Catalyzed Lacquer — Durability Meets Aesthetic 4/10/2012 7:00:00 AM
Catalyzed lacquer is a hybrid of catalyzed varnish and lacquer. The blending of the two other coating types provides a way to find a middle ground between the properties of a catalyzed varnish and a lacquer. Catalyzed varnishes are well known for their durability and lacquers are well known for their ease of use and appearance. Catalyzed lacquers bridge the gap with some of the durability of a catalyzed varnish and some of the ease of application of a lacquer.
Typically the following holds true for these four types of coatings;
|Easiest to use
|Least ease of use
All catalyzed lacquers are not created equal. They are made of four basic types of raw materials; resins, pigments, additives and solvents. The specific resins, pigments, additives and solvents will determine the characteristics of the coating. See “A Closer Look at Catalyzed Varnish” for more detail on the four types of raw materials. Some catalyzed lacquers are more like a catalyzed varnish and others are more like a lacquer. This depends on the specific formulation. The coating manufacturers mix resins used in catalyzed varnishes and resins used in lacquers to produce catalyzed lacquers. The ratio of catalyzed varnish resins to lacquer resins determines whether it provides characteristics closer to catalyzed varnish or lacquer. Check with the manufacturer to find out if a particular catalyzed lacquer is closer to a catalyzed varnish or lacquer. See “A Closer Look at Catalyzed Varnish” for more details on catalyzed varnish. Also see “Exploring Lacquer” blog for more information on lacquer.
Using a catalyzed lacquer will require attention to detail similar to using a catalyzed varnish. Since the coating is post-catalyzed (catalyzed just prior to application and not at the manufacturer’s factory), it is important to use the correct catalyst, measure it correctly, add it according to instructions, mix it thoroughly, and allow for any “induction time” required. This part is as critical as using a catalyzed varnish. Application will typically be between the ease of catalyzed varnish and lacquer and the factors that affect those coatings will also affect catalyzed lacquer. See “A Closer Look at Catalyzed Varnish” for more details on catalyzed varnish. Also see “Exploring Lacquer” blog for more information on lacquer.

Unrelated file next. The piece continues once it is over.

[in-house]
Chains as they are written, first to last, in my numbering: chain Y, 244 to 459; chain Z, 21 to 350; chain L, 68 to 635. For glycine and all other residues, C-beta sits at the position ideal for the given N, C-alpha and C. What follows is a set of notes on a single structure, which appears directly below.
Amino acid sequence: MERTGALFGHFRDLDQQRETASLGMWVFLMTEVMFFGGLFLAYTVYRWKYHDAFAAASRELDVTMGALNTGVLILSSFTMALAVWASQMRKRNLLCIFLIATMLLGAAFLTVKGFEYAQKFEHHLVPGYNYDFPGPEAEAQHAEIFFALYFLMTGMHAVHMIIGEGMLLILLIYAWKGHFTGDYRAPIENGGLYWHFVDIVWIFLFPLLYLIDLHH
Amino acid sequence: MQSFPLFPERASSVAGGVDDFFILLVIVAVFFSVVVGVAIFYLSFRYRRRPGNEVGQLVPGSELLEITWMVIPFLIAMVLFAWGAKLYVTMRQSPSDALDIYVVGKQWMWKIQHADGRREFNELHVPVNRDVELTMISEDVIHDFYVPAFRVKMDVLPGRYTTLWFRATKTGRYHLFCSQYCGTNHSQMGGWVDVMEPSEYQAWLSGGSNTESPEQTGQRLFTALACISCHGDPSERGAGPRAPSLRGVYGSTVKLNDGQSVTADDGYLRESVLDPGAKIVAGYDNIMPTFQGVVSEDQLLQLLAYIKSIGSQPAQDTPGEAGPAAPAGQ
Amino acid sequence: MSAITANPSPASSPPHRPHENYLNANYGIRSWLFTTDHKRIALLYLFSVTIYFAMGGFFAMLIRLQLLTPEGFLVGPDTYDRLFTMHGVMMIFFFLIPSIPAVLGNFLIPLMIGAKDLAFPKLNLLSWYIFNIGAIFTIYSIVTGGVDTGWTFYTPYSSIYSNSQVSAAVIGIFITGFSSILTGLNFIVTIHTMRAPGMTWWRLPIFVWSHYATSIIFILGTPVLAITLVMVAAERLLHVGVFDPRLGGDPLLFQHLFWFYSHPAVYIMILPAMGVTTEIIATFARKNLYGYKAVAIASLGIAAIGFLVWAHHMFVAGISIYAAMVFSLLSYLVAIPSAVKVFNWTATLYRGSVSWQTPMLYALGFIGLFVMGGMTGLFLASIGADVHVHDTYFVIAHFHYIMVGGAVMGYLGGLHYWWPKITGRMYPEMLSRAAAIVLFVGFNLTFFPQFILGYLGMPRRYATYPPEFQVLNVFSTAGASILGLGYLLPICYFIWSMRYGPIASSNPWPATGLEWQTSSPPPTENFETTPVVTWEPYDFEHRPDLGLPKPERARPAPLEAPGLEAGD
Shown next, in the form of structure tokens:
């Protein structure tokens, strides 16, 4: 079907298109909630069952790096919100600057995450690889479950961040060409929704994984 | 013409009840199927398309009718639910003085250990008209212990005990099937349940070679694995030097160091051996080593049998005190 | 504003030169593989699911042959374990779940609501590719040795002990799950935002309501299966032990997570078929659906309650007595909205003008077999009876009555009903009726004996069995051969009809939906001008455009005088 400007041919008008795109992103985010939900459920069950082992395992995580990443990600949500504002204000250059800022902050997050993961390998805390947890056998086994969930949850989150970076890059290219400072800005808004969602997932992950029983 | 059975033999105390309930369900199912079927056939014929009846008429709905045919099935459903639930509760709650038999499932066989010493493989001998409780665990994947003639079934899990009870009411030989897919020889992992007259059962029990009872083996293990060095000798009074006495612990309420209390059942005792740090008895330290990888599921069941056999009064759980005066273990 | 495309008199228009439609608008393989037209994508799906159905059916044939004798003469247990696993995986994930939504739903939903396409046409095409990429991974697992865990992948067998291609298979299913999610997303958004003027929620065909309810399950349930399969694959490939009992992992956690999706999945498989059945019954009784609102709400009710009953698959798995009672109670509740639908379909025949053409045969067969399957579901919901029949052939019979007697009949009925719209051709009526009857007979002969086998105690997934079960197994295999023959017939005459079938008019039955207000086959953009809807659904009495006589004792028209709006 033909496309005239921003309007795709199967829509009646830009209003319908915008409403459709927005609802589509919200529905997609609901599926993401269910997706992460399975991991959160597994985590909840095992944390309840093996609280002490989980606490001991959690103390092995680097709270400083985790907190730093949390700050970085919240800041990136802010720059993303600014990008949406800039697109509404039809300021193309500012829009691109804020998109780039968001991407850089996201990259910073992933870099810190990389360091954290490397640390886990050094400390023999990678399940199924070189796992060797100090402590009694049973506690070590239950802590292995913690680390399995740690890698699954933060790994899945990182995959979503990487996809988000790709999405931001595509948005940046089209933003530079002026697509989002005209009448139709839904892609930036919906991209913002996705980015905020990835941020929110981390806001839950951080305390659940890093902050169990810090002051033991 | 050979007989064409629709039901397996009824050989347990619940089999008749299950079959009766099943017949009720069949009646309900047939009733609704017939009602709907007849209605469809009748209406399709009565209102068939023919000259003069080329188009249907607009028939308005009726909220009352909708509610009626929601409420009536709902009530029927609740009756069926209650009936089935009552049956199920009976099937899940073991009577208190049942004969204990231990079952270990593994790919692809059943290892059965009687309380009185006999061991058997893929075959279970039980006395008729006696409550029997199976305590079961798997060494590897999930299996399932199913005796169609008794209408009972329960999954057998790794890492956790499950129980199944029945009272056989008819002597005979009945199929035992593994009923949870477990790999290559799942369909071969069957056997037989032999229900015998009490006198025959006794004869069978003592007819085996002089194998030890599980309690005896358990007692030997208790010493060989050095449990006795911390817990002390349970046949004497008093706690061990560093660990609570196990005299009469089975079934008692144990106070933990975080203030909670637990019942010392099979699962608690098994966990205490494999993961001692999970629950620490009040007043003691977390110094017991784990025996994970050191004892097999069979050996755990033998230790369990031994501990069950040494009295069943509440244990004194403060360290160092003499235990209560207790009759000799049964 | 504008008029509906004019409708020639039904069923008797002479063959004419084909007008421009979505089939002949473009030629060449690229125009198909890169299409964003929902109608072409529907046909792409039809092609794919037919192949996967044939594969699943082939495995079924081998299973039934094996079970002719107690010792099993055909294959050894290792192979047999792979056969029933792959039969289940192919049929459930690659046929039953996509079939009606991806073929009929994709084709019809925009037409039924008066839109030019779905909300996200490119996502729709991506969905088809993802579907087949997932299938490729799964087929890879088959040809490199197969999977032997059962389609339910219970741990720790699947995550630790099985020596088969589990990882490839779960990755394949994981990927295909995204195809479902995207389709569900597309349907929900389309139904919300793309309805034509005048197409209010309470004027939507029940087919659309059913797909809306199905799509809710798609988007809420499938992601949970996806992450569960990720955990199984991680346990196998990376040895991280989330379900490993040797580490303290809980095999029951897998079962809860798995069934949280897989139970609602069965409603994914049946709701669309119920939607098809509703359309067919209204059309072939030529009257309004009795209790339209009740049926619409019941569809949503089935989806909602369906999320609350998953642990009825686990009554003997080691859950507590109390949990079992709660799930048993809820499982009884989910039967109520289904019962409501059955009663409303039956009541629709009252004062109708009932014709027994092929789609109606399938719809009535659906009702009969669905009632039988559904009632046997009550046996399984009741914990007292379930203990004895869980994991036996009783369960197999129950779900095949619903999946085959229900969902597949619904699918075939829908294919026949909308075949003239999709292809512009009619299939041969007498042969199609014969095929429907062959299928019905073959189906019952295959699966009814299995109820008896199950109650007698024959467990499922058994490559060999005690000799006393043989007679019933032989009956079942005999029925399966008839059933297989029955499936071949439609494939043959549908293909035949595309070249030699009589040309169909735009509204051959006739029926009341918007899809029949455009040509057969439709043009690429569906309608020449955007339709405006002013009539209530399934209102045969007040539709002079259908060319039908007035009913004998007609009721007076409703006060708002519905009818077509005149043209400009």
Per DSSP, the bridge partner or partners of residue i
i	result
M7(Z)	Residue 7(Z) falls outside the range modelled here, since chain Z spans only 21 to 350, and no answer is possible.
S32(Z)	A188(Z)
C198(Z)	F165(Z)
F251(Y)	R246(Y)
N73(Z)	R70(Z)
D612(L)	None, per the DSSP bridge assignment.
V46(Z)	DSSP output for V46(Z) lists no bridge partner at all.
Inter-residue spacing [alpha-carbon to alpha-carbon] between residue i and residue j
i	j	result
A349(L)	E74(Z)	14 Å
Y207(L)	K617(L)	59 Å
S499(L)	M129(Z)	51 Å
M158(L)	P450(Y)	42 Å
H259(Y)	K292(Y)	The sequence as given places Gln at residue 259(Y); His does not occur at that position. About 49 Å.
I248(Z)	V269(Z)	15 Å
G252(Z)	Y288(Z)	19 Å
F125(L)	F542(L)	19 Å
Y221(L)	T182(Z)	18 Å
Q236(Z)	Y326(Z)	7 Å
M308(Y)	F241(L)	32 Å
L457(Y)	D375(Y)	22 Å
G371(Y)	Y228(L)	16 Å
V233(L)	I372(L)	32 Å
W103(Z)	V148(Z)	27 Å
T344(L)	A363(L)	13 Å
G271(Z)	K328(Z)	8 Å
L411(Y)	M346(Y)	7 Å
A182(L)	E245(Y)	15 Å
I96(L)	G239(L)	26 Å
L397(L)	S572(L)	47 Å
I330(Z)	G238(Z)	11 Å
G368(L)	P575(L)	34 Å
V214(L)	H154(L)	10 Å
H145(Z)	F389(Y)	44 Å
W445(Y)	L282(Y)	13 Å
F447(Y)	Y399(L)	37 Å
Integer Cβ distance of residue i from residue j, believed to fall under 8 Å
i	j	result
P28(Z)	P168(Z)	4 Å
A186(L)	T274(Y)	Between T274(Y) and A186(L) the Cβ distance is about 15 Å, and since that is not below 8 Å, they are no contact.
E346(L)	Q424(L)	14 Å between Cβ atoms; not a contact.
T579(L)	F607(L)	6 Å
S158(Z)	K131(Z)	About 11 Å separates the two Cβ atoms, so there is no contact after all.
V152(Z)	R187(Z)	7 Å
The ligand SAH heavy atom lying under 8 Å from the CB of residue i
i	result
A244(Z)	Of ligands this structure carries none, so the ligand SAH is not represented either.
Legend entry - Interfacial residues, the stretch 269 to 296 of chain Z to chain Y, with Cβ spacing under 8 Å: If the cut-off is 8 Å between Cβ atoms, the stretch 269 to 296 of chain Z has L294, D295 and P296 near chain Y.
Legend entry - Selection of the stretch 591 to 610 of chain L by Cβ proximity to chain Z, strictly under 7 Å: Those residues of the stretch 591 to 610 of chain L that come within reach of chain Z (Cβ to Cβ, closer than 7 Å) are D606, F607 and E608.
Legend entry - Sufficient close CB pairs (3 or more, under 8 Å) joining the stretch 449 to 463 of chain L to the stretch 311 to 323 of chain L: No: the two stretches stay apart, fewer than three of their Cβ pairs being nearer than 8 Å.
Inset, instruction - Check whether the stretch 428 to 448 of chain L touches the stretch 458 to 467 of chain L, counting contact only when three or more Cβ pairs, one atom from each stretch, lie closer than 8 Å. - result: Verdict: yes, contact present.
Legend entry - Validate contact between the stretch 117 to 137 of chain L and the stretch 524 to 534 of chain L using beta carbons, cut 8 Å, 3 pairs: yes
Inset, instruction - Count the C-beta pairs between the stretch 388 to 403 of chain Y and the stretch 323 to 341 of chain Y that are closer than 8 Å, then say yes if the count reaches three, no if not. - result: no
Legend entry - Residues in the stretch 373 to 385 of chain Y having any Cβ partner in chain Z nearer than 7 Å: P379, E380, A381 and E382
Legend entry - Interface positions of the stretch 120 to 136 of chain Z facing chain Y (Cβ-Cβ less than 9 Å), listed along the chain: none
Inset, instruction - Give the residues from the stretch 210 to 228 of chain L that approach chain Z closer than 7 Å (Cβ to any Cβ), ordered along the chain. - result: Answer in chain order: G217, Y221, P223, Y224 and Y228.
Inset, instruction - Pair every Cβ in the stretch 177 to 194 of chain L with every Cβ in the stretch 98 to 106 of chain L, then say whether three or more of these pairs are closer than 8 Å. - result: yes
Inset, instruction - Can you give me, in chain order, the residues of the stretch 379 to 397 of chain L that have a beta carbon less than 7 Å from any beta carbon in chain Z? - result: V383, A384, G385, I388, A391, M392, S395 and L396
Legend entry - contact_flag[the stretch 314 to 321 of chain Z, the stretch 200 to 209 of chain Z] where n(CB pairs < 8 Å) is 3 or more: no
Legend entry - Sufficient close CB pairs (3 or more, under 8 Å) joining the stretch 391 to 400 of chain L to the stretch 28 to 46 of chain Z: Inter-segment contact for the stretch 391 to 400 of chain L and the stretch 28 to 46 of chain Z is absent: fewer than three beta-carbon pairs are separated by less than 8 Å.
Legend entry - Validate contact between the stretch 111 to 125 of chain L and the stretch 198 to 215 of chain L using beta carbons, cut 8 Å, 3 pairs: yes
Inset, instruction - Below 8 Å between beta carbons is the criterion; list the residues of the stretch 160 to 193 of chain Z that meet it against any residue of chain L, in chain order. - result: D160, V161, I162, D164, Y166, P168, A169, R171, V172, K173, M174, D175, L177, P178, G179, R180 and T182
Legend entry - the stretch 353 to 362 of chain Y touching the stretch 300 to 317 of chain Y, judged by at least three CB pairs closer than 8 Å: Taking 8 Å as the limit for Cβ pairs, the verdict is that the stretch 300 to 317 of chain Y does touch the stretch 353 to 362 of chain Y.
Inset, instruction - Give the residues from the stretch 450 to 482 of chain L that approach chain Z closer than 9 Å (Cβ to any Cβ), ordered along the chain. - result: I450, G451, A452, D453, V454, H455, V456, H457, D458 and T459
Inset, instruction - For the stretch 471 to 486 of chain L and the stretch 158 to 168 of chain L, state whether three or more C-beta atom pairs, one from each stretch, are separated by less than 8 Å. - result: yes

Catalyzed lacquers were originally developed decades ago to allow finishers the ability to meet the ever increasing finish durability requirements of kitchen and bath cabinets and office and institutional furniture, while providing a good appearance with few problems during finishing. At the time, lacquers provided great aesthetic qualities but did not meet the durability requirements. Catalyzed varnishes provided the durability needed but were considerably more difficult to apply and achieve the aesthetic quality lacquer had been providing. Finish manufacturers then created the hybrid — catalyzed lacquer to provide enough durability, ease of use and aesthetic qualities.
Catalyzed lacquers may see a decline in use, giving way to catalyzed varnishes. Newer formulations of catalyzed varnishes are easier to use and provide an improved aesthetic appearance vs. decades ago. The better catalyzed varnishes become, the less need there will be for catalyzed lacquers.